Roberts v. Estate of Barbagallo: Pennsylvania Broker Found Liable for Damages Arising Out of Failure to Disclose UFFI
The Superior Court of Pennsylvania held that a broker was liable when a purchaser bought a home with UFFI which adversely affected her health. Even though it was not clear whether the broker actually knew UFFI was present, the court held the broker should have advised the buyer about the possible effects of UFFI because of its knowledge of the Federal ban on UFFI, the potential for health risks associated with UFFI, and the Board of REALTORS® recommendation regarding UFFI disclosure.
Supermarket of Homes v. San Fernando Valley BOR: Federal Court Finds Copyright Violation by Member for Distribution of MLS Listings Without Permission From Board
In Supermarket of Homes v. San Fernando Valley Board of REALTORS®, the district court found for the Board on its counterclaim and cross-claim, and held that the plaintiff's actions constituted misuse of copyright.
In Newell v. Krause, the Supreme Court of Kansas addressed a broker's claims of fraud against a buyer, a seller, and related corporations. The court affirmed the dismissal of all defendants except the buyer, against whom it affirmed the finding of fraud and award of $171,000 actual damages and $150,000 punitive damages.
Levy Wolf Real Estate Brokerage v. Lizza Industries: Broker Who Introduces Lessee to Property Not Procuring Cause
In Levy Wolf Real Estate Brokerage, Inc. v. Lizza Industries, Inc., the New York Supreme Court, Appellate Division, addressed whether a broker’s actions constituted procuring cause for the lease of property. The court found no procuring cause as the broker merely introduced the subject property to the eventual lessee and failed in its attempts to arrange meetings between lessor and lessee.
Note: This case is not published in an official reporter and may not be cited as authority.
Consult with counsel before relying on this case.
The Tennessee Chancery Court found the Board's arbitrators did not exceed their authority by considering legal questions in reaching their decision.
Joh v. Kingsport Board of REALTORS®, (Tenn. Ch. Ct. 1986). [Note: This opinion was not published in an official reporter and therefore should not be cited as authority. Please consult counsel before relying on this opinion.]
Ham v. Morris: Broker Entitled to quantum meruit in Commission Dispute Arising Out of Oral Agreement
In Ham v. Morris, the Supreme Court of Missouri addressed a broker's claims against a seller stemming from an oral agreement regarding a brokerage commission. The court held that the oral agreement was insufficient to support the commission, but that the broker could recover $3,500 (but not a full commission) on a quantum meruit basis.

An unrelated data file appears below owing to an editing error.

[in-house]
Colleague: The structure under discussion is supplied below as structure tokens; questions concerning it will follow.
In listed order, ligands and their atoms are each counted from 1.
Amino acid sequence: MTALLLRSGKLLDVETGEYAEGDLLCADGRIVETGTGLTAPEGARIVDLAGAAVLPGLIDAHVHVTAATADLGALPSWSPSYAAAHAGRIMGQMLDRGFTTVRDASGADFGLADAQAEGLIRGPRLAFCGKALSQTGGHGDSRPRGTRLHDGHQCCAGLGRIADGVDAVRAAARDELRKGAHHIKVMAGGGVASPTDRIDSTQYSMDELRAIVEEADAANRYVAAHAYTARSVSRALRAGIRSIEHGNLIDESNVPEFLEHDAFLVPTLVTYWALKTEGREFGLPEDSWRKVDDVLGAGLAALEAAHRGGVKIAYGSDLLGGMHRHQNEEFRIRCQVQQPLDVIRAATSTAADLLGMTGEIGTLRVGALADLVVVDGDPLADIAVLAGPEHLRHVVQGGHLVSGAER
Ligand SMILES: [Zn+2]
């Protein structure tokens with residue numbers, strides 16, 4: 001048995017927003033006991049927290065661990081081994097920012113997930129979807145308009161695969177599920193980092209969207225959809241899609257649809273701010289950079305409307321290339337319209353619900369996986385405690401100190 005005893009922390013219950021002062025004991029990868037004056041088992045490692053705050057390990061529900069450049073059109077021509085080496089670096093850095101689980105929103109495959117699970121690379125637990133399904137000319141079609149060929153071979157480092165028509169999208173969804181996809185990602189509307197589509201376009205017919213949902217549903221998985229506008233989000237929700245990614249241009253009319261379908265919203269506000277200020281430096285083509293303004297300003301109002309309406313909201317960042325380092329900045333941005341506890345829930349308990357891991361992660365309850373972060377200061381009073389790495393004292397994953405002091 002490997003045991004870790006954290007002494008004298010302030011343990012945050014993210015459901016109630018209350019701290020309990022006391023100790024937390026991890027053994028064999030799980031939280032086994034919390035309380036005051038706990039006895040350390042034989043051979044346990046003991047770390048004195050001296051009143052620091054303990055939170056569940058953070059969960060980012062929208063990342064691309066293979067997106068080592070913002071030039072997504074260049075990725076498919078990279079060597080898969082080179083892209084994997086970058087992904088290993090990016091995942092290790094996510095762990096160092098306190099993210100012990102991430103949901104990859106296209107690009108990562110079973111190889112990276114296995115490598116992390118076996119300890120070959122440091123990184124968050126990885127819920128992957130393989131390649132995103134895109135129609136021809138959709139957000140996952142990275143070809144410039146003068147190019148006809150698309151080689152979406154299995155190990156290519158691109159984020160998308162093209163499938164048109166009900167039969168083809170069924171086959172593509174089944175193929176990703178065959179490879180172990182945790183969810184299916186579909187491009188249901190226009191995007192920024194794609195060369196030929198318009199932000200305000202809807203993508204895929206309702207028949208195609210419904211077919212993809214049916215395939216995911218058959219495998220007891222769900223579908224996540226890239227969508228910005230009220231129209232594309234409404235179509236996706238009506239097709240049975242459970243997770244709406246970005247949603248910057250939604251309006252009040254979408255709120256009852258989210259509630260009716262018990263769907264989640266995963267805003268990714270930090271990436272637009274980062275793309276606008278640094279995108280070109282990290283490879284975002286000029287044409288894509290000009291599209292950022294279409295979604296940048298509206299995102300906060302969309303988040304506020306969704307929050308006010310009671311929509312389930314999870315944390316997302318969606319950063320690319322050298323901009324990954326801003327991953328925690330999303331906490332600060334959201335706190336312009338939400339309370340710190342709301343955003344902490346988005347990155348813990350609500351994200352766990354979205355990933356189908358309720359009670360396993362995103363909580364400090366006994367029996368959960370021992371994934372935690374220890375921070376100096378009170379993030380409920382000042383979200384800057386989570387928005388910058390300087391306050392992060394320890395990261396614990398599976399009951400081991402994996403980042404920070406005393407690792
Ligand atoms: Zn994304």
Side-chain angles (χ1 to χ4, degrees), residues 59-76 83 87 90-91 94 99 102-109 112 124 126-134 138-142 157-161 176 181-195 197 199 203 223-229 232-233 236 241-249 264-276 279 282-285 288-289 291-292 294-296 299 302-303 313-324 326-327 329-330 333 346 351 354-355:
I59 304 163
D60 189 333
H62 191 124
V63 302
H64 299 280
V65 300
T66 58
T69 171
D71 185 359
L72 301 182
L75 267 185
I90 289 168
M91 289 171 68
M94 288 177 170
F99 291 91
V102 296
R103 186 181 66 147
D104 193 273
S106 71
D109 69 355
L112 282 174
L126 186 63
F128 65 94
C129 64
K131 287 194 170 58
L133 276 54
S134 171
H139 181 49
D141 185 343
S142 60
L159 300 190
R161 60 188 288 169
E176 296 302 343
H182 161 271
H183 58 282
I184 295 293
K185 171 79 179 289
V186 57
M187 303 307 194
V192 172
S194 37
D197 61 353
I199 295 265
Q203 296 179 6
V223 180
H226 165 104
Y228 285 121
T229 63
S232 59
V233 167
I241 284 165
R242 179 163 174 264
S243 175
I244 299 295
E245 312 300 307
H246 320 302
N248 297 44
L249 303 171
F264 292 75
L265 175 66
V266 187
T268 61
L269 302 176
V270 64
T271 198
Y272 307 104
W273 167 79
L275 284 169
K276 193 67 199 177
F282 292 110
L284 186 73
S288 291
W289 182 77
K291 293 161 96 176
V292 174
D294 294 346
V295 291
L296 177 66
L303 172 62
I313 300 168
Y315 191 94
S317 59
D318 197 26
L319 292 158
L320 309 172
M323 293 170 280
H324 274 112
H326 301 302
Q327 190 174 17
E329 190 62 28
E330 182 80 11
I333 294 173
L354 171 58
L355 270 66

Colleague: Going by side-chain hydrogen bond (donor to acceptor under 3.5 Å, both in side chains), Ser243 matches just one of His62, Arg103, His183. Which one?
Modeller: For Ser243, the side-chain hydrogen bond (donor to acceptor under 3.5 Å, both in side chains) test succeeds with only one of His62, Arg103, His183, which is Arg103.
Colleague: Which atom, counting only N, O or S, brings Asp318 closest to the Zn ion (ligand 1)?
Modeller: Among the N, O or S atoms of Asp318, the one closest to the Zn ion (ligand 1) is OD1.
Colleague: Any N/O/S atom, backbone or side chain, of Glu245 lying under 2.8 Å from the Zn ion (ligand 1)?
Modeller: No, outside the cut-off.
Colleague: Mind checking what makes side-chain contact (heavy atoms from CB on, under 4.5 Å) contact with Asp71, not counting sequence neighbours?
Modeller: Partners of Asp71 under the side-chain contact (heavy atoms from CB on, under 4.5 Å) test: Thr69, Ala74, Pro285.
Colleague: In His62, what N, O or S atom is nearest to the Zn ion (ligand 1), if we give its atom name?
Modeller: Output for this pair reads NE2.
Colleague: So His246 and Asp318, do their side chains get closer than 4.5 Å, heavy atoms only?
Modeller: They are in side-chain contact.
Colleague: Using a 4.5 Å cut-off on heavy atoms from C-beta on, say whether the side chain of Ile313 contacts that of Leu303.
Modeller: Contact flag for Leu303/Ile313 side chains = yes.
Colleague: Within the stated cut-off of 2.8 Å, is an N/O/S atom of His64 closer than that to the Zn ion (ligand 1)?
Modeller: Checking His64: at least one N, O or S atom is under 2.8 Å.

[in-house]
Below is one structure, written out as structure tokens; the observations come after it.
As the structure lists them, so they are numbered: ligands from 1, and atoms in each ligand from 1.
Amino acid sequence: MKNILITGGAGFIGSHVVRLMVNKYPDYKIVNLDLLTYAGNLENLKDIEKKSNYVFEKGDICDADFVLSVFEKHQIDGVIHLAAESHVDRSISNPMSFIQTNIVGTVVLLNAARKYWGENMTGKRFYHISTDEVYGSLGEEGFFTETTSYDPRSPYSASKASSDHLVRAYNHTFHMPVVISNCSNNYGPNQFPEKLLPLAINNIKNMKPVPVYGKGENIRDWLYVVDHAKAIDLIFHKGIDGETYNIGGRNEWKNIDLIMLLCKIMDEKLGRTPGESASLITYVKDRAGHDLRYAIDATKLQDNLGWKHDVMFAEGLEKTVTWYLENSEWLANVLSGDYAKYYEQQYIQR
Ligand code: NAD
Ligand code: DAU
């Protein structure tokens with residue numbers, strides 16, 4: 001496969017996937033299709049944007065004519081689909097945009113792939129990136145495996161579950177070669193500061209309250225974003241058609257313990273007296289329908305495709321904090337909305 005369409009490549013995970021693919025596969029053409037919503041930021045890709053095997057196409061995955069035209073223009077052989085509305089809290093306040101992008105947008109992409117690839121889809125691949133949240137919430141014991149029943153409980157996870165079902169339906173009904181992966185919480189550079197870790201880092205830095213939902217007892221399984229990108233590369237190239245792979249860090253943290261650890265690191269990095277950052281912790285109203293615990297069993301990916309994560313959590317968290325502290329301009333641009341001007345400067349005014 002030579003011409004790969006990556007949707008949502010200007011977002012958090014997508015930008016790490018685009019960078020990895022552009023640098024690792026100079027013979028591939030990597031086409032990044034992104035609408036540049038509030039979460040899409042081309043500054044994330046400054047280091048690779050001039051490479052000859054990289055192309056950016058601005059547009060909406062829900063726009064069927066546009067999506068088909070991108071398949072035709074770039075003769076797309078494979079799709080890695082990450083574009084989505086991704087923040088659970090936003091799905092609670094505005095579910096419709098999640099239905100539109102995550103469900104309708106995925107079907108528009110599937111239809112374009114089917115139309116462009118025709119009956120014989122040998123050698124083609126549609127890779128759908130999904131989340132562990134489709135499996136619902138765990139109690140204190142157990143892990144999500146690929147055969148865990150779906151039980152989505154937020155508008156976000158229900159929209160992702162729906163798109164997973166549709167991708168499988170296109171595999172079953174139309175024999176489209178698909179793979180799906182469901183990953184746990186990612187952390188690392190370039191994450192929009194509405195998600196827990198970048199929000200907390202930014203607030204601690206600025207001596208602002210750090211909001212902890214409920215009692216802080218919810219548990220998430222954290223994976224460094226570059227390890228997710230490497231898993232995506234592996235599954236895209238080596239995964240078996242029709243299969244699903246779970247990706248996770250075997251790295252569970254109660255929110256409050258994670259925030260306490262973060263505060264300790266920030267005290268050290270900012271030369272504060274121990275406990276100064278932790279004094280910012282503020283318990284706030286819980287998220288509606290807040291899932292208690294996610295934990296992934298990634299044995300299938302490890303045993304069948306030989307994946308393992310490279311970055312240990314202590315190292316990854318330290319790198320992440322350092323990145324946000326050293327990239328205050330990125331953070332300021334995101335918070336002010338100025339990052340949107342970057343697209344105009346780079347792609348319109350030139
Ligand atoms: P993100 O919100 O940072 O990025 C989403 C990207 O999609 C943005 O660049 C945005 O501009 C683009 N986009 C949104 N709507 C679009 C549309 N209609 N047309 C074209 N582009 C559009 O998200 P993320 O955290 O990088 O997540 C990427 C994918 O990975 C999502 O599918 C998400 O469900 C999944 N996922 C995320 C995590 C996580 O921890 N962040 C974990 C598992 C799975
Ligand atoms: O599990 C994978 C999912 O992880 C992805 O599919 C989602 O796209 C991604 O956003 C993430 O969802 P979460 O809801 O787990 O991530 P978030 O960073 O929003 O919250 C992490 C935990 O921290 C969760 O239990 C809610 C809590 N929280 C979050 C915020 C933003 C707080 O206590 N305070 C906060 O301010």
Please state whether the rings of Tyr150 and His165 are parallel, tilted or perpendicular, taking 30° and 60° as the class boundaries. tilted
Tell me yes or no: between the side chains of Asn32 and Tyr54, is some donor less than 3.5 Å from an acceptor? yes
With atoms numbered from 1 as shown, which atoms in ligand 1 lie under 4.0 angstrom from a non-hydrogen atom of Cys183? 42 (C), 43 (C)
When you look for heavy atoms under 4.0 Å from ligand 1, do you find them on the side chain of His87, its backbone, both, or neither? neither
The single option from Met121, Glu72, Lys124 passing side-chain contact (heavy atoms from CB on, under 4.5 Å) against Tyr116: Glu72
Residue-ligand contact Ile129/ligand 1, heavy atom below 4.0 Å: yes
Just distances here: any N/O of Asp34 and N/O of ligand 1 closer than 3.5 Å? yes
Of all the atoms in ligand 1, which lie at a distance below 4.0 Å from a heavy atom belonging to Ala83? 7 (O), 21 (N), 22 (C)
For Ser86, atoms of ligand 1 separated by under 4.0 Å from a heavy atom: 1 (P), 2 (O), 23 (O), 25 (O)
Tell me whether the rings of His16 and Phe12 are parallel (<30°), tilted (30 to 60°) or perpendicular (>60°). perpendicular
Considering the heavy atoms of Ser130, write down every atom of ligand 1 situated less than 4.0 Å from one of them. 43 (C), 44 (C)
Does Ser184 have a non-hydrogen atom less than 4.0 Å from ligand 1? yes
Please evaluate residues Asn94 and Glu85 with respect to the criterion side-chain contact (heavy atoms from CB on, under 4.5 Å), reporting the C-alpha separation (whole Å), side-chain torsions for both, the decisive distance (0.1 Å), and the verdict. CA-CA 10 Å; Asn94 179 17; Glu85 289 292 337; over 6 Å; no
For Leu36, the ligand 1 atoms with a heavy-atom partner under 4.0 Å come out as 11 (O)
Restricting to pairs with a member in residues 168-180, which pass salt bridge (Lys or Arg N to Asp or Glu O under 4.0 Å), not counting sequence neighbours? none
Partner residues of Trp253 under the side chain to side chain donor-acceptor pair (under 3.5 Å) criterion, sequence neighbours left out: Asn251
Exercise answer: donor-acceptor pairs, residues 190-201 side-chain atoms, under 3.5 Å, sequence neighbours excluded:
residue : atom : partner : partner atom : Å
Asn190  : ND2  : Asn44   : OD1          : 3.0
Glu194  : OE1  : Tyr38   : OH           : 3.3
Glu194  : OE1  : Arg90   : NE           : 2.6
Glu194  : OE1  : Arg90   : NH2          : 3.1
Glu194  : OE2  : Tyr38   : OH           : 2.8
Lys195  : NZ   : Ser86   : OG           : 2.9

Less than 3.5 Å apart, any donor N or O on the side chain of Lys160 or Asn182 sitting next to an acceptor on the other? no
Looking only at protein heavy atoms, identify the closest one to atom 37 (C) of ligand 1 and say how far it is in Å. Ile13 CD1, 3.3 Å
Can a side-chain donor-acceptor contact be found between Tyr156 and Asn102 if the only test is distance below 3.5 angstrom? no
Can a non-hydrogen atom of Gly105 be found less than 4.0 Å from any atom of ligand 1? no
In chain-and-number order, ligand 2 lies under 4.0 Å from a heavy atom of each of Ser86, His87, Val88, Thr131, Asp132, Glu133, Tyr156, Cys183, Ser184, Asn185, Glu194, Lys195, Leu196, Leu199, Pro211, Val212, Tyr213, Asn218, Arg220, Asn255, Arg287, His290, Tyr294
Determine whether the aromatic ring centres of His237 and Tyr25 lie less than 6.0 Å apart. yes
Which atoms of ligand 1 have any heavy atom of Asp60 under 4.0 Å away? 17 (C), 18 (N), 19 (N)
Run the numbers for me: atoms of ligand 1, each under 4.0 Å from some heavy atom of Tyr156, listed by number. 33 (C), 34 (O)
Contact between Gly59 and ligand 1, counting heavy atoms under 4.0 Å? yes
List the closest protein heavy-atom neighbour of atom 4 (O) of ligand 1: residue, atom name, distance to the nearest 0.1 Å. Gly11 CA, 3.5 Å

De la Torres v. Bolger: Fifth Circuit Hold Left-Handed Employee Not Handicapped Within the Meaning of the Rehabilitation Act
In De la Torres v. Bolger, the Fifth Circuit addressed alleged violations of the Rehabilitation Act of 1973 (Act). The Fifth Circuit affirmed the district court's dismissal of a case, as it found that being left-handed was not an "impairment" within the meaning of the Rehabilitation Act.
In Orval Sheppard v. Valinda Freed & Associates, the district court addressed the applicability of boycott law to the real estate brokerage industry. The court held that absent an express or implied agreement, defendants had not conspired to boycott the plaintiff when they independently decided not to co-broke with him after he went to a flat-fee commission.
Leo v. Neill: Alabama Supreme Court Holds That Purchasers Must Prove Reasonable Reliance to Recover Damages for MLS Errors and/or Fraud
In Leo v. Neill, the Supreme Court of Alabama addressed the issue of reliance in the context of MLS errors. The court concluded that where purchasers do not reasonably rely on MLS information, they may not recover damages, even though the information is actually in error.
Menzel v. Morse: Iowa High Court Uses National Association of REALTORS® Code of Ethics as Standard for Determining Broker Negligence
In Menzel v. Morse, the Supreme Court of Iowa addressed the issues of negligence and breach of fiduciary duty. The court found that the Code of Ethics of the NATIONAL ASSOCIATION OF REALTORS® (NAR) was the standard for determining a broker's negligence. Further, the court held that conduct between the parties can constitute an implied agency relationship with attendant fiduciary duties.